Council could approve artificial turf for Central Park fields tonight

July 20, 2009

By Warren Kagarise

NEW — 10 a.m. July 20, 2009

Dark, soggy, grass sports fields in the Issaquah Highlands could be replaced with all-weather turf and sports lighting thanks to city park bond dollars and county and state grants.

City Council members will consider a finance package tonight to improve a pair of sports fields at Pad 3 in the highlands’ Central Park.

A bill headed to the council tonight asks officials to accept a $100,000 donation from the Issaquah Soccer Club to build a second lighted, artificial turf field at Central Park Pad 3. A $50,000 King County youth sports grant and a $500,000 state grant were also awarded to the project.

City Parks & Recreation Director Anne McGill also asked City Council members to consider spending about $166,000 of park bond money to cover the remaining total for the second field.

The measure before the council also recommends for officials to award the $1.9 million project bid to A1 Landscaping & Construction, of Snohomish.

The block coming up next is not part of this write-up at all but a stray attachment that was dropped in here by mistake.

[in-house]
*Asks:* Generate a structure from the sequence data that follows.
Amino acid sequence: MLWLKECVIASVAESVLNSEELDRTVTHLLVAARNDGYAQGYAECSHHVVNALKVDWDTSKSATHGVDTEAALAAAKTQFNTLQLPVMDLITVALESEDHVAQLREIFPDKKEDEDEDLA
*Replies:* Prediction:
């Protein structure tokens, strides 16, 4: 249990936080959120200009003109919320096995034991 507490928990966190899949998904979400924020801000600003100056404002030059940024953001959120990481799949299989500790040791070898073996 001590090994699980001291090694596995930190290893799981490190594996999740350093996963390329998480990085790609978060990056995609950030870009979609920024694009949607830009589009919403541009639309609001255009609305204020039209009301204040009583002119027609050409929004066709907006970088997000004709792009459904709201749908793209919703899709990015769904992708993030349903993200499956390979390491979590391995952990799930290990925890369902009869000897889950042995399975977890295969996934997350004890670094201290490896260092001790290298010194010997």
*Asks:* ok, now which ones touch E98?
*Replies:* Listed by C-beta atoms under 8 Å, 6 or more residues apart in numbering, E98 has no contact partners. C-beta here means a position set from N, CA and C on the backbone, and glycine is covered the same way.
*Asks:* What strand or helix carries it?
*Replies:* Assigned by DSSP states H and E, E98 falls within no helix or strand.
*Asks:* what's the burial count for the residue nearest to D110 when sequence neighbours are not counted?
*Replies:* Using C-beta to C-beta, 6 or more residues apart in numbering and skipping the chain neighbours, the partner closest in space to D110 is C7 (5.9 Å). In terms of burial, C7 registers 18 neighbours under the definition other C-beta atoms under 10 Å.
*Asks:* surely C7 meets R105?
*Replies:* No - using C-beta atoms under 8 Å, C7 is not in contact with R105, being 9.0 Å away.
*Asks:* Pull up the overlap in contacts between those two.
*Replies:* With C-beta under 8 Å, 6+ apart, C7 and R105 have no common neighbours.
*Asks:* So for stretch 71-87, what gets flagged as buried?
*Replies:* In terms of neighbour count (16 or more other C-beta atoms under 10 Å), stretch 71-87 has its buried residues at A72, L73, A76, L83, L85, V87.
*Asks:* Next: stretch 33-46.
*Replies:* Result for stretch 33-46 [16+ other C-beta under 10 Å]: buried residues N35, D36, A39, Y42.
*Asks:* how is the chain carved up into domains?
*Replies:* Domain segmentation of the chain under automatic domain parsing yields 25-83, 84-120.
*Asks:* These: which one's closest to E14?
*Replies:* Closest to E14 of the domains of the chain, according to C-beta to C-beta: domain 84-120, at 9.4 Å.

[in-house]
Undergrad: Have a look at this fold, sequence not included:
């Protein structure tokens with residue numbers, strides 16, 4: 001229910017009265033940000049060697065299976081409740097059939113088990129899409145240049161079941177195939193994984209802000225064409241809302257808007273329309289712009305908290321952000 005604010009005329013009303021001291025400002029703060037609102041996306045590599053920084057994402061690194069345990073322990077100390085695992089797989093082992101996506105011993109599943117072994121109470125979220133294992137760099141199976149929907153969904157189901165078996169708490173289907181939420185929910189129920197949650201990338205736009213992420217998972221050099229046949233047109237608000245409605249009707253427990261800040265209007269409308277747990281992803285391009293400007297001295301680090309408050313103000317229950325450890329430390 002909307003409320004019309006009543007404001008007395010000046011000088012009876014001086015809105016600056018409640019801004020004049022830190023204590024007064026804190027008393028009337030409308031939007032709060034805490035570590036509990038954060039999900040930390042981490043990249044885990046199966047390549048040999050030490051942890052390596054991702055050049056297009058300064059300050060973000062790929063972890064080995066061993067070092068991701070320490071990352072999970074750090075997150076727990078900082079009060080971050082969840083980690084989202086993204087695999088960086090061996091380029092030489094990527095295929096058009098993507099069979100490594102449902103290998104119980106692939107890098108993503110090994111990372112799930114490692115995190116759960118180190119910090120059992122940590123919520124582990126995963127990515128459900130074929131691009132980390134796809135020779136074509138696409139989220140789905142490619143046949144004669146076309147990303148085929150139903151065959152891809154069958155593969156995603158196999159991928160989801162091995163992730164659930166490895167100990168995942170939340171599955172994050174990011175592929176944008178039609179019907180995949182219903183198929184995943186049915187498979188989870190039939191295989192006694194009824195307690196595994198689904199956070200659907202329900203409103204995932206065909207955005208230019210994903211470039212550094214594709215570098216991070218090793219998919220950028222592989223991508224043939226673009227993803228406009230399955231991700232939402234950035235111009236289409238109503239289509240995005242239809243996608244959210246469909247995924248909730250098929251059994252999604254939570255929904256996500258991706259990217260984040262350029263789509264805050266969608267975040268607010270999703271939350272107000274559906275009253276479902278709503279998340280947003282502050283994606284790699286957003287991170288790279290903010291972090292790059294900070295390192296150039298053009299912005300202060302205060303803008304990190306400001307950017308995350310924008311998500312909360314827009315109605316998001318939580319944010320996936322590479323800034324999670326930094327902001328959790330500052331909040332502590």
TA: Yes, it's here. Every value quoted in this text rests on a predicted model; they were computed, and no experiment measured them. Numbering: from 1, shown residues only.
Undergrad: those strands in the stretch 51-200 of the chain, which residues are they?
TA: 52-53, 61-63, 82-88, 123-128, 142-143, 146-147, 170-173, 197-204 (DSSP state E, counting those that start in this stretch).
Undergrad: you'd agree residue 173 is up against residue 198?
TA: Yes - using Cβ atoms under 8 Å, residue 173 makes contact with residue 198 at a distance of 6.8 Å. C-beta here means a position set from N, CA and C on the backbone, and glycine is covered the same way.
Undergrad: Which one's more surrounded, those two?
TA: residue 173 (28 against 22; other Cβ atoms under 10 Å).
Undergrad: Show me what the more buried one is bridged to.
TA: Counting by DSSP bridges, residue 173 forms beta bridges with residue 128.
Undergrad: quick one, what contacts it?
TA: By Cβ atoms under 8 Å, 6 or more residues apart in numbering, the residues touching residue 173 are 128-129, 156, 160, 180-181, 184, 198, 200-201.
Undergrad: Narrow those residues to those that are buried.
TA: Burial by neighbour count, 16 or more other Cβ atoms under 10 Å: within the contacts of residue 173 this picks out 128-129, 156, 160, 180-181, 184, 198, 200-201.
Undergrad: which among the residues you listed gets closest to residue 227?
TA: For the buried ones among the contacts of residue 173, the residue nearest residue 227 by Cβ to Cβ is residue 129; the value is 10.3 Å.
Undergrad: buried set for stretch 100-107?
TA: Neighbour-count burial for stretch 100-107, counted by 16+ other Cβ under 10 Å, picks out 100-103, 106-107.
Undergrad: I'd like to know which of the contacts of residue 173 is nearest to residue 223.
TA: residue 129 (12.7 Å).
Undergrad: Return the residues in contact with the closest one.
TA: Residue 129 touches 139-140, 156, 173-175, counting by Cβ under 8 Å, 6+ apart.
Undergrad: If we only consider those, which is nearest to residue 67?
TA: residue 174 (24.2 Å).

City Park Board Chairwoman Julie Hjelm said the Central Park improvements are necessary. Hjelm said adult and youth athletic leagues are forced to make do with substandard fields.

“We don’t have the space and we don’t have the ability to play well on the space we do have, due to the fact that so many of our kids and adults are destroying the fields,” she said. “They can’t utilize it at the time they need and they can’t utilize it for the length they need. These two fields will provide our community with a new treasure.”

Issaquah voters overwhelmingly passed a parks bond in November 2006. Of the $6.25 million bond total, about $1.1 million was allocated to improve city sports fields. About $1.8 million of park bond money remains, according to city documents.

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One Response to “Council could approve artificial turf for Central Park fields tonight”

  1. Garden Gopher on July 21st, 2009 3:20 pm

    I expect we will see many more cities go to artificial turf on their sports fields as the cost of maintenance continues to rise.

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